Enchanting Prague, Czech Republic 2015
When I first left The United States in search of a more location independent lifestyle, I cried for over 24 hours and I literally could not take a phone call for about 48 hours because I had lost my voice. It was the hardest decision of my life, but I knew that I could not continue as I was. I strongly believe that change happens when the thought of staying the same feels more threatening than uncertainty. I found myself leaving behind everything that I knew and everyone I had known for complete oblivion. I had seen travel bloggers with their perfect outfits and seemingly sitcom worthy romantic relationships, but that was not my story. I was not about to travel the world with the love of my life or with unlimited funds. On the contrary, I needed to work and travel simultaneously. I arrived in Prague, a crazy beautiful city, but I was scared and doubting my decisions. I was on the other side of the world without a friend or a language I could decipher. However, that would quickly change when I walked The Charles Bridge for the first time. I finally realized that I was starting an adventure.
It sounds ungrateful to say anything negative about my life. After all, I live two blocks from the Caribbean, my rent is one/sixth of what I used to pay in the USA, and my lifestyle is full of freedom. However, I like to give an honest opinion of what it feels like to live a nomadic life. It is not always endless drinks at the beach or romantic sunsets. There is a lot more to this story. I gave up things for experiences. Gone are the days of extensive wardrobes when all I wear are the same five outfits. Simplicity and minimalism took over my previous life of material belongings that didn't add anything to my life except bills and clutter. The physical baggage was easier to unload than the emotional one. Years of emotional clutter and heartbreak had done its damage and I needed to break free. From the outside looking in, it might have looked like I was running away. On the contrary, I was facing my demons straight on without the usual distractions. I was about to give myself the greatest gift beyond world travel or exotic foods and destinations. I was giving myself the gift of meeting myself without the labels the world had imposed on me from the moment I was born and any other I had collected along the way.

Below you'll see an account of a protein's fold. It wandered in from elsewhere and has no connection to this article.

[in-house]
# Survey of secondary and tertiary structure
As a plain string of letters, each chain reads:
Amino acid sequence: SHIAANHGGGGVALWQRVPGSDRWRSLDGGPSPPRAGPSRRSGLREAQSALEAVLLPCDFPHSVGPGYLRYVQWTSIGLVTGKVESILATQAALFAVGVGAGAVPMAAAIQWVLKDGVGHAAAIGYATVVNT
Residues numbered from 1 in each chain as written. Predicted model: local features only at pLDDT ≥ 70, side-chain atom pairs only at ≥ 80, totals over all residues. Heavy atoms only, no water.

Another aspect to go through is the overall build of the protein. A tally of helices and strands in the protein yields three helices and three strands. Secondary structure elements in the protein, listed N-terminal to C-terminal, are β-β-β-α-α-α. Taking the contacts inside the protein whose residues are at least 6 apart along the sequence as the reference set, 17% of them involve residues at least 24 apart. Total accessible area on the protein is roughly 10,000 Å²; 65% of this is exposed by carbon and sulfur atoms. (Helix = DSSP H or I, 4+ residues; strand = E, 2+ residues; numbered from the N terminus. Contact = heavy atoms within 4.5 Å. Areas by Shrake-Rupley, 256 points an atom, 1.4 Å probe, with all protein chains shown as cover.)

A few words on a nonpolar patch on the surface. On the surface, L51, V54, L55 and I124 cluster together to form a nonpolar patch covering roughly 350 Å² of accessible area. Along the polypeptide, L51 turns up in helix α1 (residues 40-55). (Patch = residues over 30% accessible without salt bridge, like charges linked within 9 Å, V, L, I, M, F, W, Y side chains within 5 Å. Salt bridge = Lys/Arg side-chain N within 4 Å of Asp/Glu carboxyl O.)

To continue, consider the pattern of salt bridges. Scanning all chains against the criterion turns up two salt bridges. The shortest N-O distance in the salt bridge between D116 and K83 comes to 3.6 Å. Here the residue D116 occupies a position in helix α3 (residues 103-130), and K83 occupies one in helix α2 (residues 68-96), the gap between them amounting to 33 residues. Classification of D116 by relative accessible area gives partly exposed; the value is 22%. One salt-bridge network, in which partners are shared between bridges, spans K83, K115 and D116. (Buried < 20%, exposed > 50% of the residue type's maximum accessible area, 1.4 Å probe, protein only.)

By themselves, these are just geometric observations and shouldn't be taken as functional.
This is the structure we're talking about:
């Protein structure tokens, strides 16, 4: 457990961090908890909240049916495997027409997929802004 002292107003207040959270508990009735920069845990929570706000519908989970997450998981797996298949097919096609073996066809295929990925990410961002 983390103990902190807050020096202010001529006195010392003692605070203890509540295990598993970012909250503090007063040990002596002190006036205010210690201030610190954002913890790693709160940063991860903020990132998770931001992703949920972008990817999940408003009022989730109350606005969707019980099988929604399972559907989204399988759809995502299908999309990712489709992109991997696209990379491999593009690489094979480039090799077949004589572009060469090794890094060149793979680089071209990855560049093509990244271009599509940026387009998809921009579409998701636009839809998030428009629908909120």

The nomadic blues hit all of us in one way or another. We are surrounded by beauty no matter where we go, but we are also surrounded by emotions that surface when we least expect it. Perhaps we see a couple holding hands along the Seine in Paris. Other times we may notice the new bride getting her professional pics taken along the banks of Venice. All of these triggers remind us that we are somehow alone in this great big beautiful world. The nomadic blues surfaces when our old belief systems meet the new one's that we have not yet defined for ourselves. We are told that by a certain age, we should be married, have a mortgage that has locked us in for 30 years, and kids that we are working hard for. What happens to your mind when you do not have any of those things? That part of you that comes from that predictable world is now face to face with this new world we have created for ourselves and we are being judged. The irony is that it does not matter who is judging us from the outside when in reality we are in a battle between our older selves and our present selves and we are not quite sure what our future selves will look like. It sounds exhausting doesn't it?
How do I get over it sort of speak? I fully acknowledge my feelings and I do not follow this dogma of thinking that all is well with me all of the time. I do not think that is possible with anyone nomadic or not. I have my moments where I cry myself to sleep. I have my moments where I turn off the phone and do not wish to hear from anyone because I am focused on my writing and my work. The job itself requires isolation and concentration, but it is this same solitude that creates a plethora of other emotions. I am in a constant state of letting go and creating anew. It does not end anywhere and there is not some point in the future that I will no longer feel this way. It is all a part of the journey.
I have also come to realize that we ALL feel this way at one point or another. You do not have to be a nomad to feel lonely, have feelings of isolation, or feel sad at times when there is so much to be grateful for. You can be married with the house and the kids and still feel all of these transient emotions. I remind myself that while my surroundings are different, that my internal life will always follow me no matter where I go. The best way to beat these nomadic blues is to remind myself that I have a wonderful life free from a lot of the previous walls that I used to live in. I have the privilege of getting up in the morning in my pajamas and being able to work from anywhere there is an internet connection. I have the blessing of being able to meet people from all over the world and being able to share memorable times with them. I almost feel like I should not have a right to say anything negative about my life because I have created this. I made this happen. It isn't always picture perfect, but it is my life and we all have the ability to make the changes within ourselves to create a reality that works for us. Flying to a cenote like Tarzan in the middle of the jungle? Yes, please. It sure beats my previous Sundays working for the very "things" I never had time to truly enjoy.